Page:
Grape Antioxidants Could Provide Critical New Acne Treatment

First Posted: Sep 30, 2014 03:33 PM EDT

UCLA researchers have discovered a key antioxidant found in grapes that could work as an treatment for those suffering from acne. The findings are published in the journal Dermatology and Therapy.

"We initially thought that since actions of the two compounds are opposing, the combination should cancel the other out, but they didn't," said lead study author Dr. Emma Taylor, an assistant clinical professor of medicine in the division of dermatology at the David Geffen School of Medicine at UCLA in a news release. "This study demonstrates that combining an oxidant and an antioxidant may enhance each other and help sustain bacteria-fighting activity over a longer period of time."

Researchers found that by combining resveratrol with a common acne medication, benzoyl peroxide, this could work to enhance the drug's ability to kill the bacteria and translate into potential new treatments; this is also a substance that has prompted many doctors to recommend that adults drink red wine for heart-health properties.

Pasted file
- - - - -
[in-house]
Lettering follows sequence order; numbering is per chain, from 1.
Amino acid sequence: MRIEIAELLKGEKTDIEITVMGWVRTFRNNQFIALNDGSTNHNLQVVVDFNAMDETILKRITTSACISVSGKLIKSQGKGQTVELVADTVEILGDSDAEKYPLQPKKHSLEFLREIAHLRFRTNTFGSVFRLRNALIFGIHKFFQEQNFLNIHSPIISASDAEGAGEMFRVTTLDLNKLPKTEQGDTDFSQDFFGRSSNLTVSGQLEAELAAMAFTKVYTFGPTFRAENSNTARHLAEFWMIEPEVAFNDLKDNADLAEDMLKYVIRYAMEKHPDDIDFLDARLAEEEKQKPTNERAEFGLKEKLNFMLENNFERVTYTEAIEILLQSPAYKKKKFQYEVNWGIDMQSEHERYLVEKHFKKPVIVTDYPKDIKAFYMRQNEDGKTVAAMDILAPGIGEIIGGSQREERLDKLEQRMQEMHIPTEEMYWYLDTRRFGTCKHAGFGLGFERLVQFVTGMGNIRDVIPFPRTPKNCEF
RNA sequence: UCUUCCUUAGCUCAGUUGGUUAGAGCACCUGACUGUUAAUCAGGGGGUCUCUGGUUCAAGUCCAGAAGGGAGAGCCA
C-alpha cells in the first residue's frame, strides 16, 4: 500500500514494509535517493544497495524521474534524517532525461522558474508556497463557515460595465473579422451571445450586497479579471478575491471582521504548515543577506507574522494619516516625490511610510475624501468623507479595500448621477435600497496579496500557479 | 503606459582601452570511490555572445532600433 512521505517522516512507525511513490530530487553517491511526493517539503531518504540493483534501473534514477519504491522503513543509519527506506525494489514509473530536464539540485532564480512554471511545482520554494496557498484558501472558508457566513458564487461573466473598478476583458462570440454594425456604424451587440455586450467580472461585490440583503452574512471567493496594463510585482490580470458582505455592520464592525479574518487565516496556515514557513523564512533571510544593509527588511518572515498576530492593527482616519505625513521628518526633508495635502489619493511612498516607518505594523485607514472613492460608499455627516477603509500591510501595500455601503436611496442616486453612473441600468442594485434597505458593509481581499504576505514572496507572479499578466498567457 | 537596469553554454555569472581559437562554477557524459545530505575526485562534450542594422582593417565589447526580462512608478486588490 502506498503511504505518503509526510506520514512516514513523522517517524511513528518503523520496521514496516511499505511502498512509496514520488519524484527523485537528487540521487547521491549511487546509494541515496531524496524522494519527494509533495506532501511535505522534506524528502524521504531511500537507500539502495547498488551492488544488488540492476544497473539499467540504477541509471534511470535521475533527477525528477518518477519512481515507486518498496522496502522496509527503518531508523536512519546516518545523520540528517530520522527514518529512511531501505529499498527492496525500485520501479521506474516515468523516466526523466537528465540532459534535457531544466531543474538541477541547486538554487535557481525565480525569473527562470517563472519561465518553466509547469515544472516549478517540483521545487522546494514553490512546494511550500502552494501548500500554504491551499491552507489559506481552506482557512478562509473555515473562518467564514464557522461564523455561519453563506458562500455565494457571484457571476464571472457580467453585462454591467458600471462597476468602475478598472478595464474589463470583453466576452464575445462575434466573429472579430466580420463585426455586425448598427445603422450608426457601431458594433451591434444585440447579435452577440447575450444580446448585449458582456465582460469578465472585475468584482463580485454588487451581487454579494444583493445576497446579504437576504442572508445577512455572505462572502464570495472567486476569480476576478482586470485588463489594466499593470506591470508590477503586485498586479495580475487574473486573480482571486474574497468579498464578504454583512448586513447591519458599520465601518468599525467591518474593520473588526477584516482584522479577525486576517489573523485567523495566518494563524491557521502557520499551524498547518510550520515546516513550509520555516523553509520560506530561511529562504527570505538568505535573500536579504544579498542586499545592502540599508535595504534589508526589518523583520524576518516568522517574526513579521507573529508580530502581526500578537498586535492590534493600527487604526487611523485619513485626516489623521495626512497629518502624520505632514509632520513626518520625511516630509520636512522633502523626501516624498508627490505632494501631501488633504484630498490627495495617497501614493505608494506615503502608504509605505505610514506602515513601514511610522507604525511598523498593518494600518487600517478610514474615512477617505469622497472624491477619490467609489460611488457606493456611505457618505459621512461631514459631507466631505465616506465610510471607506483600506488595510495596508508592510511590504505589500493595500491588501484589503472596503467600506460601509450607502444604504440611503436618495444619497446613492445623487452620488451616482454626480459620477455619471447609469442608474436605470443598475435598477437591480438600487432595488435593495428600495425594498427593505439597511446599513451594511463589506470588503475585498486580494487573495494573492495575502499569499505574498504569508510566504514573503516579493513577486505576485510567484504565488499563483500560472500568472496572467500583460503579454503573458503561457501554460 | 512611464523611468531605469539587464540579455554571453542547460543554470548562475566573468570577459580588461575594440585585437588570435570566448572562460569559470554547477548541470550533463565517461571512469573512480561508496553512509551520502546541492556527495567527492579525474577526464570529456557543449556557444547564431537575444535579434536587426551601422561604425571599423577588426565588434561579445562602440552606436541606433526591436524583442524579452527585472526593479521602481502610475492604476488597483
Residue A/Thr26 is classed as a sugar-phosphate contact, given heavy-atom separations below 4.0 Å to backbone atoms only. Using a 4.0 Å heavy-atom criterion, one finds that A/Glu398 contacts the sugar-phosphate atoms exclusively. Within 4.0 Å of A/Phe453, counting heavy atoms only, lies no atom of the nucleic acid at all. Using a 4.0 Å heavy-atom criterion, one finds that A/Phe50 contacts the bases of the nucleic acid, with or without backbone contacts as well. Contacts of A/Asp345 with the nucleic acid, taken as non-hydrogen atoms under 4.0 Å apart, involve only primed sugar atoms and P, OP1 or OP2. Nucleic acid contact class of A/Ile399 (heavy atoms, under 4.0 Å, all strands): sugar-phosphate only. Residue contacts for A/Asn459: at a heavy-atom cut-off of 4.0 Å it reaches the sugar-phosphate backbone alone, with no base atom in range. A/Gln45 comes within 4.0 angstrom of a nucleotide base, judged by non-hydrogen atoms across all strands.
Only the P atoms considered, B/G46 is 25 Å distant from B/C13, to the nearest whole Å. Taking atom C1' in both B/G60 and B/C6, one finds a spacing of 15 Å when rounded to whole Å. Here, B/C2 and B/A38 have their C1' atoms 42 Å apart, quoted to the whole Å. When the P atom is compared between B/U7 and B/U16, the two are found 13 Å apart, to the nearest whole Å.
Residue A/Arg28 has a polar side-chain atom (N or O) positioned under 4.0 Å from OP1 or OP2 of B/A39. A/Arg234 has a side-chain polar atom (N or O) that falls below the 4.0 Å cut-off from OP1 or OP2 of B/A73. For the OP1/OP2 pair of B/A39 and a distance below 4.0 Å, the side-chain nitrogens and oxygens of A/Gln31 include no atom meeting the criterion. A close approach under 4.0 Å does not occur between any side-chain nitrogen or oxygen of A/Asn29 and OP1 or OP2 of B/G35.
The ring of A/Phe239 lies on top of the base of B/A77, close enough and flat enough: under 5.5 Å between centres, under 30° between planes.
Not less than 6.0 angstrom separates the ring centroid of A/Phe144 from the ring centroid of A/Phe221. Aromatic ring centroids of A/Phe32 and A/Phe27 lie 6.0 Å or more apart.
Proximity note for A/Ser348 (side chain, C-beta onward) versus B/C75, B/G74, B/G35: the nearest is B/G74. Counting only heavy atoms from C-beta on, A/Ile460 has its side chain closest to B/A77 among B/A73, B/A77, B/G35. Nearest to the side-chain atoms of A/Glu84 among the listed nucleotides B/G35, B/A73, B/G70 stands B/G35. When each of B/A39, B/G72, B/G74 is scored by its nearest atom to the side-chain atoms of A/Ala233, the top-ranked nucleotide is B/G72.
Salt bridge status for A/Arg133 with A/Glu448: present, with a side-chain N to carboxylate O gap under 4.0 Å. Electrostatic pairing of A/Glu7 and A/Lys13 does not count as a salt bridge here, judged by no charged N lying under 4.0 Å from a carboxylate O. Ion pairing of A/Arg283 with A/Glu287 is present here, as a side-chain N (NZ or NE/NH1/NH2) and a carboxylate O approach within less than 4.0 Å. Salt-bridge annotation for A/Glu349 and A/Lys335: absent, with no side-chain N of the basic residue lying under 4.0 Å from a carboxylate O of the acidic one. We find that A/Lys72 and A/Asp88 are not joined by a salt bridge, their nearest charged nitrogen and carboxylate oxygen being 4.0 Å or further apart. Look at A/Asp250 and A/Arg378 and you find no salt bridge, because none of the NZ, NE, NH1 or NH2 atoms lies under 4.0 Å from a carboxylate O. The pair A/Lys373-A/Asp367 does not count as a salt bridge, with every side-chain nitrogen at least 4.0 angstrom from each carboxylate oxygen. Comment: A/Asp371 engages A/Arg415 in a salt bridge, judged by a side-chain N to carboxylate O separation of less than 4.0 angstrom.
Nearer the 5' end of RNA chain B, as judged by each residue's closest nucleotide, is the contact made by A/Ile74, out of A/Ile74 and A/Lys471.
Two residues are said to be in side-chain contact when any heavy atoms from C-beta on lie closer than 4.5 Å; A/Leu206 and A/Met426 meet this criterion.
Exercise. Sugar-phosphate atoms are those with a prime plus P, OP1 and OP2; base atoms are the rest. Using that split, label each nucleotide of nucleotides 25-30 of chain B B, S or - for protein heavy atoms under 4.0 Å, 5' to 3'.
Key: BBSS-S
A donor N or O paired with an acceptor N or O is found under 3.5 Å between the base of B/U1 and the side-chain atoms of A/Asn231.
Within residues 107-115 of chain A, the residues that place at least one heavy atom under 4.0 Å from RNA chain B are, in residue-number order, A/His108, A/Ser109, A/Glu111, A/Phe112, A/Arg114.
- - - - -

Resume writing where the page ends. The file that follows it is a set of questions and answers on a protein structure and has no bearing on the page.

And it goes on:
For the study, researchers grew colonies of the bacteria that causes acne and then added various concentrations of resveratrol and benzoyl peroxide both alone and together. The researchers monitored the cultures for bacterial growth or killing for 10 days.

Findings revealed that benzoyl peroxide was able to initially kill the bacteria at all concentration levels but the effect was short lived as it didn't last beyond the first 24 hours.

Furthermore, resveratrol didn't hold a strong killing capability to inhibit bacterial growth for a longer period of time, with two compounds together proving to be the most effective in reducing bacterial counts.

"It was like combining the best of both worlds and offering a two-pronged attack on the bacteria," added senior author Dr. Jenny Kim, professor of clinical medicine in the division of dermatology at the Geffen School.

With the help of a high-powered microscope, researchers observed bacteria cells and their structure and definition of outer membranes, indicating that resveratrol may work by altering and possibly weakening the structure of the bacteria.

They also cultured human skin cells and blood cells with the two compounds to test toxicity levels.

Findings revealed that benzoyl peroxide was more toxic than resveratrol, which could help explain what causes skin to become red and less irritating to topical acne therapy.

Researchers said their next stage of research, now, is to better understand the mechanism of the two compounds and further validate findings in future patients.

"We hope that our findings lead to a new class of acne therapies that center on antioxidants such as resveratrol," Taylor concluded.

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